Wannabe satellite flinger Virgin Orbit has shared more detail on what went wrong and right in the very brief maiden flight of LauncherOne.
LauncherOne is an intriguing beast, consisting of a rocket slung beneath the wing of one of Virgin Orbit boss Richard Branson's old Boeing 747s. Dropped from around 35,000 feet, the two-stage rocket is, in theory, capable of delivering up to 500kg into orbit.
Virgin Orbit is not the only air-launched game in town. Northrop Grumman's Pegasus XL, dropped from an elderly Lockheed L-1011 TriStar, has an enviable track record. However, while the Pegasus is a solid-powered beast, LauncherOne is liquid-fuelled.
Another bonus of air launches is that Virgin Orbit can dispense with the pesky ground infrastructure needed by traditional vertical launchers as well as a chunk of the weather problems that so often bedevil ground-based operators.
However, for all the benefits of dropping a rocket from a 747, the process is also tricky. This is something that Virgin Orbit discovered on Monday after a day's delay to deal with some sensor issues.
The company revealed just how rapidly things went south in a post detailing what it had learned so far from its first crack at powered flight.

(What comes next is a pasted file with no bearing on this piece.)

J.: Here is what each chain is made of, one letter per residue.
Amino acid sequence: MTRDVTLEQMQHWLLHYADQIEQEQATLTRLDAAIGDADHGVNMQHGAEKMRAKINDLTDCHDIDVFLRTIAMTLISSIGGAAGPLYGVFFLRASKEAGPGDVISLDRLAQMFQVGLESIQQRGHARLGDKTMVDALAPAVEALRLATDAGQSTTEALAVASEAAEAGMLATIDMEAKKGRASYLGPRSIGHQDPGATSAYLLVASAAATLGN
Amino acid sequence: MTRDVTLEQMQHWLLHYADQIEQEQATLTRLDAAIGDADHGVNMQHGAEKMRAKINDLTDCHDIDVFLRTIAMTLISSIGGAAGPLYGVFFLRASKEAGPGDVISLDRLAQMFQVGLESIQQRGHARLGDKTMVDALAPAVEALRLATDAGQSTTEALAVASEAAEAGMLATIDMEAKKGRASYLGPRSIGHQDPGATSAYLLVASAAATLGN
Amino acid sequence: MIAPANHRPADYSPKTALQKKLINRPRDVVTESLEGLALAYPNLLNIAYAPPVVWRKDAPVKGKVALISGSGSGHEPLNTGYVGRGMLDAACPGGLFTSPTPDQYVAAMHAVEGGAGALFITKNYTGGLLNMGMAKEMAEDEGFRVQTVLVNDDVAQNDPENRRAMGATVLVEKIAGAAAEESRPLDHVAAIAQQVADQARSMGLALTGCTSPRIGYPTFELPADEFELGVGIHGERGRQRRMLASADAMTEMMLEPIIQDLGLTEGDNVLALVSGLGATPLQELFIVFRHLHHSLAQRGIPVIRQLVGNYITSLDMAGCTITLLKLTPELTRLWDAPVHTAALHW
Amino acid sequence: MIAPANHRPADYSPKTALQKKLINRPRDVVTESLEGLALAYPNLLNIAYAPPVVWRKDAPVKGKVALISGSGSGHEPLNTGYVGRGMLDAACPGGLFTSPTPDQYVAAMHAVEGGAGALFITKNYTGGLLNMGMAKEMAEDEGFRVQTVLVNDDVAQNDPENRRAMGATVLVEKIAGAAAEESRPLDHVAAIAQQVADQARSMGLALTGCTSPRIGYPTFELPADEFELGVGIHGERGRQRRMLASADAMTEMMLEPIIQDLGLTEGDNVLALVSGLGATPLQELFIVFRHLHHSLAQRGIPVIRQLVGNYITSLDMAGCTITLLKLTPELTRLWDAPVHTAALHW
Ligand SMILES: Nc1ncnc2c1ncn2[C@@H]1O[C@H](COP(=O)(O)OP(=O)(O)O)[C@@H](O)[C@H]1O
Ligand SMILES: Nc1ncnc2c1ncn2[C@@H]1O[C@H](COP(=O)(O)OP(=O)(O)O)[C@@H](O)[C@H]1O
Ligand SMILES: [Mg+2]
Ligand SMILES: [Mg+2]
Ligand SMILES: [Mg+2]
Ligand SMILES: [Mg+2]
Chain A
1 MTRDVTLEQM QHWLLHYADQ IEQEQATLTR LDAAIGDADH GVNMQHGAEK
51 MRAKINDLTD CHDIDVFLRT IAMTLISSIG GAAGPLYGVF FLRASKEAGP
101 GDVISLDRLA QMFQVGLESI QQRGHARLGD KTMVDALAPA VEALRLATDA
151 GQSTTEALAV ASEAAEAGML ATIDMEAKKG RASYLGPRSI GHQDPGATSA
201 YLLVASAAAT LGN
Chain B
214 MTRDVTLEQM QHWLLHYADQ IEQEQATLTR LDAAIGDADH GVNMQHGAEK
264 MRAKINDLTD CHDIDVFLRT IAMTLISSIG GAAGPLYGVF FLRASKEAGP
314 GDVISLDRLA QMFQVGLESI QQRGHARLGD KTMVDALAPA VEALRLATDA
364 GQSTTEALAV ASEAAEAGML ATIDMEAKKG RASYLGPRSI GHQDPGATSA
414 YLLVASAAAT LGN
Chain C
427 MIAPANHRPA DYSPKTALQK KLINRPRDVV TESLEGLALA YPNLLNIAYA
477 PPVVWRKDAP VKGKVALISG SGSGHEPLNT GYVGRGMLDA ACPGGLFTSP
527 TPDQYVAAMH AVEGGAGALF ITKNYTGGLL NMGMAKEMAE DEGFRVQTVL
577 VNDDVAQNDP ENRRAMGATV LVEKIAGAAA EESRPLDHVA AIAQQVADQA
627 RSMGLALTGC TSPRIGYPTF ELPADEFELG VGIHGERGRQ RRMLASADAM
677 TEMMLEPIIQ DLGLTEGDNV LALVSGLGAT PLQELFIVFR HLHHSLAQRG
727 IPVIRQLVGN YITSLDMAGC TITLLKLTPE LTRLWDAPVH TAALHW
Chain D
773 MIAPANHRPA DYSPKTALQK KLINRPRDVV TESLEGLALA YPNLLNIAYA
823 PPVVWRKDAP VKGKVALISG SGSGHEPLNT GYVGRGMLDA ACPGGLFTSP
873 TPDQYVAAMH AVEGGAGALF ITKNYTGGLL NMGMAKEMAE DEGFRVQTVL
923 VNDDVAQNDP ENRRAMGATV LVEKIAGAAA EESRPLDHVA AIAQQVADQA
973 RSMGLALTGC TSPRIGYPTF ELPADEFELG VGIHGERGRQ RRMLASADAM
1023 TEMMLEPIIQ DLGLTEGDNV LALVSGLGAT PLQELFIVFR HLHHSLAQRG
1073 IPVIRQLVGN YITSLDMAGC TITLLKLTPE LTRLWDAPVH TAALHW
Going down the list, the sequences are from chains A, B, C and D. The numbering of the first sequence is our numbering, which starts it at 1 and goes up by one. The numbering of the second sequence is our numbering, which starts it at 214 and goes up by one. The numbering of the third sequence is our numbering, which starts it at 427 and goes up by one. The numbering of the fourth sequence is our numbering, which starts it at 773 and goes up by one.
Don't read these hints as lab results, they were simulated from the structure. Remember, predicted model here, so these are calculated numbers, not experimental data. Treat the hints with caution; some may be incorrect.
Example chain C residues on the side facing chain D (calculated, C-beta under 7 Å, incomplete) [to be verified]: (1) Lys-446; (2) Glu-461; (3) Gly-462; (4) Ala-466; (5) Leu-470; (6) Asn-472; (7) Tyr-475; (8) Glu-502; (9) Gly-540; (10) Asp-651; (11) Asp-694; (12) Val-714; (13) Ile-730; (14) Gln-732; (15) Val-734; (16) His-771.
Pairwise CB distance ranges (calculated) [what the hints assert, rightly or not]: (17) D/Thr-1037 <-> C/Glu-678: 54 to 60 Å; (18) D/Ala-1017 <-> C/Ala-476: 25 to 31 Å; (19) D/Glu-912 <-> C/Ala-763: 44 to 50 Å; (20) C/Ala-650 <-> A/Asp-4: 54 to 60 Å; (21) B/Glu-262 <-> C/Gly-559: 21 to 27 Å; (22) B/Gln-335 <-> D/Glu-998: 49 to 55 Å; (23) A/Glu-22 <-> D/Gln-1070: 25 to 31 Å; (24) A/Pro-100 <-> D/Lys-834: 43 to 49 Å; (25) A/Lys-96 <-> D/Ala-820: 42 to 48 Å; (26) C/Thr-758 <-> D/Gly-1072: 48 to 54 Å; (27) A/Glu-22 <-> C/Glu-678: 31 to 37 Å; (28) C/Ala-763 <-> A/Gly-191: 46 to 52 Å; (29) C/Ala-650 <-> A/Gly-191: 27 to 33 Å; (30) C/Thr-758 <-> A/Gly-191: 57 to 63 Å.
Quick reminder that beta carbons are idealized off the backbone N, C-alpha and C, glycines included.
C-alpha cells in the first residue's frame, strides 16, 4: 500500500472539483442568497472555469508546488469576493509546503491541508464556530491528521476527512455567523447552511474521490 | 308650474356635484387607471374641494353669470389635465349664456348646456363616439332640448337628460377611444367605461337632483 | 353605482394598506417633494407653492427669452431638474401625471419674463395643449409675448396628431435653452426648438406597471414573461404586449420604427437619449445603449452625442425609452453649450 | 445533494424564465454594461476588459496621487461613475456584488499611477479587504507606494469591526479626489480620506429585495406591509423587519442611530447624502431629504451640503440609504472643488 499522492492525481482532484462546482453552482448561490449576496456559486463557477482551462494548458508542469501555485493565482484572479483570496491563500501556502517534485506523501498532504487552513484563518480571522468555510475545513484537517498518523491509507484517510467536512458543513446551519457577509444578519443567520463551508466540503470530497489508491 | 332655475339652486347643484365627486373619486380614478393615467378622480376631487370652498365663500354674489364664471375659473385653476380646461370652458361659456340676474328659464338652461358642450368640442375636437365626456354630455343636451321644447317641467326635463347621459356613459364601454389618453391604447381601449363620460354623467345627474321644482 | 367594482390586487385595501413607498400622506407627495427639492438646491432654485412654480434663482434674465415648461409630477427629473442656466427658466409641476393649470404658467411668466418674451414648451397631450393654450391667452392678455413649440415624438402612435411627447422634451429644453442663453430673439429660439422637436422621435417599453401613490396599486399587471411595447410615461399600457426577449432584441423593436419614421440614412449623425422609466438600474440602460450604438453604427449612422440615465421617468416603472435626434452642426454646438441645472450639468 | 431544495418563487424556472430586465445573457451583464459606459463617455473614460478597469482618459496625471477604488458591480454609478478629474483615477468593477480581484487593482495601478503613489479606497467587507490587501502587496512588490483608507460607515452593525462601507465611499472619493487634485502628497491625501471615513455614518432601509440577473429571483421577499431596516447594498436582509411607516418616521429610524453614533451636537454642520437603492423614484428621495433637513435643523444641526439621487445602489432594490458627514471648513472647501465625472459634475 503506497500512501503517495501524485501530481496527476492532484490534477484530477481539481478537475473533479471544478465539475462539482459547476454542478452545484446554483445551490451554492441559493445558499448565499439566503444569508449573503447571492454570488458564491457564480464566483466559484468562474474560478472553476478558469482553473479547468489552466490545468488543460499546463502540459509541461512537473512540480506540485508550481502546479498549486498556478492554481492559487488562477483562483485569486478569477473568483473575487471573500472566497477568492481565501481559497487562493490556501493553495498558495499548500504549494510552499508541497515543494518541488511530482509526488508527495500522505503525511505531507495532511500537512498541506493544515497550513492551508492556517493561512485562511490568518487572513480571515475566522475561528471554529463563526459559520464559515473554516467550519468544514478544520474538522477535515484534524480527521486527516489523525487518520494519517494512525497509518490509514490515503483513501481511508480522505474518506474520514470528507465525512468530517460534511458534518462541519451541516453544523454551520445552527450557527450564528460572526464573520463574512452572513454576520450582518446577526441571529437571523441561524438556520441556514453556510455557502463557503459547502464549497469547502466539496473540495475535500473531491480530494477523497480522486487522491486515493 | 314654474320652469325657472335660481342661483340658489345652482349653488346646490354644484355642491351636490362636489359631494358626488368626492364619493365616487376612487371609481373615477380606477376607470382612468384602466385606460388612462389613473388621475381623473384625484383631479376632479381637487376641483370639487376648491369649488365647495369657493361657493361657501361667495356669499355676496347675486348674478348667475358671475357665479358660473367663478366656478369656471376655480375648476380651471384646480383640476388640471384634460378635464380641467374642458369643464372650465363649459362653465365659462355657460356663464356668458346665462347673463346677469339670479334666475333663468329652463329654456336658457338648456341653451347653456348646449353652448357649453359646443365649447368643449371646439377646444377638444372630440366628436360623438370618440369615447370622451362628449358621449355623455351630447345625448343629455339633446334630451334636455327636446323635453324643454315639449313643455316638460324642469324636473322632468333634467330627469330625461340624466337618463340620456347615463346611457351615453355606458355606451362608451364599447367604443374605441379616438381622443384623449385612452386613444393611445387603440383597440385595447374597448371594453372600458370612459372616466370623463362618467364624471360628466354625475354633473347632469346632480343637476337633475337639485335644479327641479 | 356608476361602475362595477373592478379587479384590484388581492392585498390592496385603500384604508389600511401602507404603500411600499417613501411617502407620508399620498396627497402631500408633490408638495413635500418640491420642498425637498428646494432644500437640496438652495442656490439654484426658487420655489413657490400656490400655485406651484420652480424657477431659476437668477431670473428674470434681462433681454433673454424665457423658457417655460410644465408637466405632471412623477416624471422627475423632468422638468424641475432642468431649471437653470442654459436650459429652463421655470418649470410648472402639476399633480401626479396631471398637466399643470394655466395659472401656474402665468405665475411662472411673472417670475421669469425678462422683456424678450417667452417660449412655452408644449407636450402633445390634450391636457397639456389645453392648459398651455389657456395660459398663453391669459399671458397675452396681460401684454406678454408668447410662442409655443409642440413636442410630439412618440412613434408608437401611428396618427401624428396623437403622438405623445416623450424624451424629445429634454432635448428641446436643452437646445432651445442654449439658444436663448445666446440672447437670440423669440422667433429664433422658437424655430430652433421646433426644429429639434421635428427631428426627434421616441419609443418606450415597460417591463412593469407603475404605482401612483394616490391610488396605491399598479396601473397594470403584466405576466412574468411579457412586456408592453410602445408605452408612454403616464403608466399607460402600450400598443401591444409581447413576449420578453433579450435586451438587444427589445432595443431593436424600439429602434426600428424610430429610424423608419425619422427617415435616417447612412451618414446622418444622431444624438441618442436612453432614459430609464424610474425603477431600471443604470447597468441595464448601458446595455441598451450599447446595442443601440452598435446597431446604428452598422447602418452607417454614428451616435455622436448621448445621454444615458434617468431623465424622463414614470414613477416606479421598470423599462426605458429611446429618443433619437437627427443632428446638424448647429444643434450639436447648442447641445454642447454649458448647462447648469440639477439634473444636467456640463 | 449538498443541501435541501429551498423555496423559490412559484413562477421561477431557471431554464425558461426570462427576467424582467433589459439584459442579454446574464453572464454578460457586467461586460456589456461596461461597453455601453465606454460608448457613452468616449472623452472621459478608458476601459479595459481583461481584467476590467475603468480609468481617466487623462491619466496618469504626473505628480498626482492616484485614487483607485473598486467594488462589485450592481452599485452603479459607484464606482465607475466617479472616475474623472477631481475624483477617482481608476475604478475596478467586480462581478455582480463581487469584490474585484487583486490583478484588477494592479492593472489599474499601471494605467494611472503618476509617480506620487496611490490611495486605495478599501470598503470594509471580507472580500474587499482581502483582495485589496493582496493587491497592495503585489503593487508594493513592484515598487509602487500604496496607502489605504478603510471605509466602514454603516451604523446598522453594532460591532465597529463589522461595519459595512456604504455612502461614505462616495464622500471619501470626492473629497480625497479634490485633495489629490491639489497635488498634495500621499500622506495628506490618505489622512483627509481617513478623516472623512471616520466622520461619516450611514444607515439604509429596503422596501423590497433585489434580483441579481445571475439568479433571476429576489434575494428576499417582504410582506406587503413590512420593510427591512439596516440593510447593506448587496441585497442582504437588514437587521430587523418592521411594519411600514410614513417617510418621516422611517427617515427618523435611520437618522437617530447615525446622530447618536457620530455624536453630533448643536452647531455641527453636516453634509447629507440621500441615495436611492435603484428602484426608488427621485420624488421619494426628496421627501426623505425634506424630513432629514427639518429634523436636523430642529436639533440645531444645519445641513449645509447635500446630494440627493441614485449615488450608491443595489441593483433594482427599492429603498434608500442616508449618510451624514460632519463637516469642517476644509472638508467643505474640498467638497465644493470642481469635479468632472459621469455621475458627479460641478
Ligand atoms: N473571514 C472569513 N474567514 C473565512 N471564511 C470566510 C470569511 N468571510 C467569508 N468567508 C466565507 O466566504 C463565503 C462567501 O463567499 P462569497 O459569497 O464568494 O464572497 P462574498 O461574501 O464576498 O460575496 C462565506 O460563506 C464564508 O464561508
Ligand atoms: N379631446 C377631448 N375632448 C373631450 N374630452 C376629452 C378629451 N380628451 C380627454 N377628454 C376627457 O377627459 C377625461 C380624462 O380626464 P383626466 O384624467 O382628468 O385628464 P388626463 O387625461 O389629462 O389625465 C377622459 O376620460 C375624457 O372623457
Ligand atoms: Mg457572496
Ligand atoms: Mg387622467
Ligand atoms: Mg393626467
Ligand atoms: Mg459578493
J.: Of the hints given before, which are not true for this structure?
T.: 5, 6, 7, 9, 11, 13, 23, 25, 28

The good news is that everything went to plan, up until it didn't. Having got to the drop point, LauncherOne was released from Cosmic Girl, Virgin Orbit's repurposed Boeing 747, in a controlled fashion. The ignition sequence went ahead as planned and, for the initial seconds of powered flight, all went well.
Data from a multitude of sensors was slurped by the company's systems as the mission proceeded, demonstrating that an air-launched, liquid-fuelled, orbital-class rocket could work. For about nine seconds.
"About 9 seconds after drop, something malfunctioned," the company explained. The first-stage engine shut down and the mission was, for want of a better word, terminated as the borked booster plummeted to the ocean.
At least it didn't explode.
Putting a brave face on things, Virgin Orbit ticked off the things it did manage to do: demonstrate LauncherOne in controlled, if brief, flight. It also proved its infrastructure worked and, perhaps more importantly, showed that the autonomous flight safety system was capable of detecting when it was in the correct flight corridor.
With the guidance systems also now shown to have worked (for the first few seconds at least) the company is poring over the data to work out what made that first-stage engine choke.
Before the truncated flight, Virgin Orbit had planned its first operational mission in a matter of months. Instead, another demo launch will be needed replete with the necessary tweaks (hardware or otherwise).
Here's our next rocket, built and ready for system-level testing in our final integration area as it waits for its turn to fly to space. pic.twitter.com/Zhc2uDtMMC— Virgin Orbit (@Virgin_Orbit) May 25, 2020
The company remained tight-lipped about just when that launch might take place. ®